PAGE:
- The Meats. Sancocho is often made with a variety of traditional stew meats, though you can focus on a single protein if you’d like. I have seen many recipes for chicken sancocho, beef sancocho, pork sancocho, or a mix. Try it with slices of pork sausage, chorizo, short ribs and others.
- The Chicken. Most recipes I see use whole bone-in chickens, cut up into pieces. This is great, of course, but when I am incorporating other meats, I prefer to use boneless chicken to keep the overall sancocho more consistent in texture.
- The Corn. This recipe calls for adding the corn in with the root vegetables for a long simmer. However, another option is to add the pieces of corn toward the end of the cook and simmer them for 30 minutes for somewhat firmer corn.
- Vegetables. As mentioned, recipes for sancocho vary quite a bit from region to region and can include other vegetables of choice. I’ve seen some recipes with chickpeas, cabbage, dried meats, rice, coconut milk and so much more. Feel free to really make this recipe your own with your favorite ingredients.
- Serving. Sancocho is traditionally served with white rice, though it is perfectly fine on its own. Serve some crusty bread on the side, or even try it over other grains or noodles.
That’s it, my friends. I hope you enjoy this sancocho recipe. Let me know if you make it and how you made it your own. I’d love to hear it. Soups and stews are the best comfort food.
I’ve been learning a lot about Puerto Rican and South American cooking from several different cookbooks. Here are links to some of the cookbooks I highly recommend. They are great. These are affiliate links, my friends!
- Puerto Rican Cuisine in America: Nuyorican and Bodega Recipes, by Oswald Rivera
- The South American Table, by Maria Baez Kijac
Try Some of My Other Popular Latin American Recipes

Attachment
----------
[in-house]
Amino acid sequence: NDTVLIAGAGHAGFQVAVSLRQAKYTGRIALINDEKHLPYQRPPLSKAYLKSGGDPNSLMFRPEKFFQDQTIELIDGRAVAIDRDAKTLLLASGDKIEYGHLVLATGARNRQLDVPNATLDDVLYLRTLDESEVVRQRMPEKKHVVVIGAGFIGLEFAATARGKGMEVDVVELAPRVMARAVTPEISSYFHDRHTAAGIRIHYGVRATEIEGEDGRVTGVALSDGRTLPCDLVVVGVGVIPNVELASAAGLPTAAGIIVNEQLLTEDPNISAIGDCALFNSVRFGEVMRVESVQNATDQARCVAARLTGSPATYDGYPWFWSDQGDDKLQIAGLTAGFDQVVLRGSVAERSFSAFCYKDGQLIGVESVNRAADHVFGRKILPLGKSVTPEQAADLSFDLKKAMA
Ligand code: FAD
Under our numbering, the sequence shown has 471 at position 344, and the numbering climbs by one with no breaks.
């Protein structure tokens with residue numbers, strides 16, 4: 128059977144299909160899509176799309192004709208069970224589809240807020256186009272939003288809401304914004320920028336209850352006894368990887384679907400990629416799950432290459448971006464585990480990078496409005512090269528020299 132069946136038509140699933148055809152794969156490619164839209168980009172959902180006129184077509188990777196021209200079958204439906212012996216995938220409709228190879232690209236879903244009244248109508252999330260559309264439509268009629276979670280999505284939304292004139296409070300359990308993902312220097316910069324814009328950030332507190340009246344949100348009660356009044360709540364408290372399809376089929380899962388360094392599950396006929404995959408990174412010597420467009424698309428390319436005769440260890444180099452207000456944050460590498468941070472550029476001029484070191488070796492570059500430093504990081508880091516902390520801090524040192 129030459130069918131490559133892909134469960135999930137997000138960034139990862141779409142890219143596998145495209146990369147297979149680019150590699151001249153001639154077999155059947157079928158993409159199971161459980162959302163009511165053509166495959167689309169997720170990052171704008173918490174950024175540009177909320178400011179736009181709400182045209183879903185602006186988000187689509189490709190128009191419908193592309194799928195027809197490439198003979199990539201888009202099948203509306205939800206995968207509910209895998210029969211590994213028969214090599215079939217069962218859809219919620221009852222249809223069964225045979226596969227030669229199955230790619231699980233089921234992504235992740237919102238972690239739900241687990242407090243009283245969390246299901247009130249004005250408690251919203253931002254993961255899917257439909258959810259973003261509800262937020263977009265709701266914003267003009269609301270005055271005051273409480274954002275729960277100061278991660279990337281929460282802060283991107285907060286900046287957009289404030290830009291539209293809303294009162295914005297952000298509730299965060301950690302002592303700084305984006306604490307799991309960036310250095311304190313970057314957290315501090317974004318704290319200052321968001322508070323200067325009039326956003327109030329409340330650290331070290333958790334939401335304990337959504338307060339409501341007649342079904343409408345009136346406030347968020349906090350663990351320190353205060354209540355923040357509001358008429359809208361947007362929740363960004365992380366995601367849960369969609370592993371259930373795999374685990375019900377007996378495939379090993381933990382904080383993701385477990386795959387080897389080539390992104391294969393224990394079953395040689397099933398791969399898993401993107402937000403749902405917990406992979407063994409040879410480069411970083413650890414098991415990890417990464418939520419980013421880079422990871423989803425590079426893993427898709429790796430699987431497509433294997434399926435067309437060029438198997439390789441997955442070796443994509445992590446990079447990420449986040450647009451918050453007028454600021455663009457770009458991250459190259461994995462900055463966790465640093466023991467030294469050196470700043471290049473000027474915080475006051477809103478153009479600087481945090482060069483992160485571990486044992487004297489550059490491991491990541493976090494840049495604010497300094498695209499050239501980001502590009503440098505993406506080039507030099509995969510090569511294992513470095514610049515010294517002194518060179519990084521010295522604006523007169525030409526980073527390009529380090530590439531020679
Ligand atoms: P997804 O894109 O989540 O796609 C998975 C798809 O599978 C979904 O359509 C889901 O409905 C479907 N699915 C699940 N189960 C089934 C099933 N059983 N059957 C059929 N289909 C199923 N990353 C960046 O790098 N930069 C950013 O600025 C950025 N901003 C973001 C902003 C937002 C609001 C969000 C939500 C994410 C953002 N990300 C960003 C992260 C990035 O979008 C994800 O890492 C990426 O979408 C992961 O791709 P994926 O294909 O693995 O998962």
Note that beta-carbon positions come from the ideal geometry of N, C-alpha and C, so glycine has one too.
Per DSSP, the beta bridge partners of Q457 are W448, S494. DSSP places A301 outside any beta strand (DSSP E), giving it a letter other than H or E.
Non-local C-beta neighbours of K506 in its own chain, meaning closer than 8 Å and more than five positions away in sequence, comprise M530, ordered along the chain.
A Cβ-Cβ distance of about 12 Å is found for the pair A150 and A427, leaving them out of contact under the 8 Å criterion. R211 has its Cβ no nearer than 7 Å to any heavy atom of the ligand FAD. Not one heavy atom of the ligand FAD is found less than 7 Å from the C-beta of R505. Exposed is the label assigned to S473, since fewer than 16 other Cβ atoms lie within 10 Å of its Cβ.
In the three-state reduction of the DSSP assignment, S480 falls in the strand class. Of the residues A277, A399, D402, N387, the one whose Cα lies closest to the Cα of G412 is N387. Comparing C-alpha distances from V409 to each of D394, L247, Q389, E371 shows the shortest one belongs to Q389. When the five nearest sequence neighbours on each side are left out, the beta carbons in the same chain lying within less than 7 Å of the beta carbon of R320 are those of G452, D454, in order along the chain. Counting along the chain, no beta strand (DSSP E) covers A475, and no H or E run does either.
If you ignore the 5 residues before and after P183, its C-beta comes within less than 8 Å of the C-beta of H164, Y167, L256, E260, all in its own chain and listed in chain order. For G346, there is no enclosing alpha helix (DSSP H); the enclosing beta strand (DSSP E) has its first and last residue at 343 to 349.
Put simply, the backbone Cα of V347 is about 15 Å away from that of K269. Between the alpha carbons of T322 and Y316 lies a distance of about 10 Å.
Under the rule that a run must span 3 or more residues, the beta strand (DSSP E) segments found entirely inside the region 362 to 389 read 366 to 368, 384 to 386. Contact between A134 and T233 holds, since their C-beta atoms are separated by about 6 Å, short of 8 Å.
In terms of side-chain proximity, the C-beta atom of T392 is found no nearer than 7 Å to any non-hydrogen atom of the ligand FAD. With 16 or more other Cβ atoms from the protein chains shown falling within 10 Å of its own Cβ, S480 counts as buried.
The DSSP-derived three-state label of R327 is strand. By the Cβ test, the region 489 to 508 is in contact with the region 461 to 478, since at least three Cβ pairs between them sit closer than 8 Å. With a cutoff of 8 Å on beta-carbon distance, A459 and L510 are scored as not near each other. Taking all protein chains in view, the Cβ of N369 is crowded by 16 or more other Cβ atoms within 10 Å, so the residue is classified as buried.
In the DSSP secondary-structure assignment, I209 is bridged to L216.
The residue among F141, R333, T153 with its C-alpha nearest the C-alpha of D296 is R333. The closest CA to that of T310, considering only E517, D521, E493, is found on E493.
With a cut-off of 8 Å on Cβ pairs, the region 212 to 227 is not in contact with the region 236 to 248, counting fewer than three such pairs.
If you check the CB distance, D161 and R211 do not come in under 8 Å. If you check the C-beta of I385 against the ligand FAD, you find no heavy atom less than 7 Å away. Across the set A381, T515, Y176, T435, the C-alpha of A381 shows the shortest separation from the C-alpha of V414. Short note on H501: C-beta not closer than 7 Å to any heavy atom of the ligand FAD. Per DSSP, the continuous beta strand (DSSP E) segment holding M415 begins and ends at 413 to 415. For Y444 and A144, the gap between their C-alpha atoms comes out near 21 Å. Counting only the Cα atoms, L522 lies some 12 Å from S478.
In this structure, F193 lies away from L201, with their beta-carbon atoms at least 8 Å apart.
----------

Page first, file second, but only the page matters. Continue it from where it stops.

- Carne Guisada (Beef Stew)
- Pollo Guisado (Chicken Stew)
- Puerto Rican Arroz con Pollo
- Pique (Puerto Rican Hot Sauce)
- Pernil (Puerto Rican Roast Pork)
- Arroz con Gandules
Try Some of My Other Hearty Stew Recipes
- Green Chili Pork Stew (So good!)
- Burgoo Recipe
- Brunswick Stew
- Caldo de Pollo (Mexican Chicken Soup)
- Cajun Chicken and Sausage Gumbo
- Beef Rendang
- Carne Adovada
- See all of my Spicy Stew Recipes
Got any questions? Ask away! I’m happy to help. If you enjoy this recipe, I hope you’ll leave a comment with some STARS. Also, please share it on social media. Don’t forget to tag us at #ChiliPepperMadness. I’ll be sure to share! Thanks! — Mike H.
Sancocho Recipe (Latin American Stew)
- 3 tablespoons olive oil
- 1 bell pepper chopped
- 1 large onion chopped
- 4 aji dulce peppers chopped (use other ajis to your preference, or use small sweet peppers as a substitute)
- 4 cloves garlic minced
- 1/4 cup chopped cilantro
- 1 pound boneless beef chuck cut into bite-sized pieces
- 1 pound boneless pork shoulder cut into bite-sized pieces
- 2 pounds boneless chicken breast or thighs, cut into bite-sized pieces
- 1 tablespoon dried oregano
- 3 ears corn cut into thirds or quarters
- 1 large yuca about 8 ounces, peeled and cut into bite-sized pieces
- 1 large yam about 8 ounces, peeled and cut into bite-sized pieces
- 1 pound butternut squash or use pumpkin, peeled and cut into bite-sized pieces
- 2 green plantains peeled and quartered
- 1 cup tomato sauce
- Salt and pepper to taste
- 3-4 cups water or use chicken, beef or vegetable stock - or enough to cover the ingredients
- Heat the oil in a large pot or Dutch oven to medium heat and add the peppers and onions. Cook for 5 minutes to soften, stirring.
- Add the garlic and cilantro and stir. Cook for 1 minute.
- Add the beef, pork and chicken pieces with the oregano. Cook for 10 minutes, stirring occasionally, to brown the meats.
- Add the corn, yuca, yam, squash and plantains (and any other root vegetables you're using).
- Add tomato sauce and enough water or stock to cover. Adjust with salt and pepper. Cover and simmer for 2.5 to 3 hours, or until the meats are very tender.
- Remove the plantains from the stew and mash them slightly in a separate bowl. Return to the pot and cook another 2 minutes.
- Serve with white rice and crusty bread.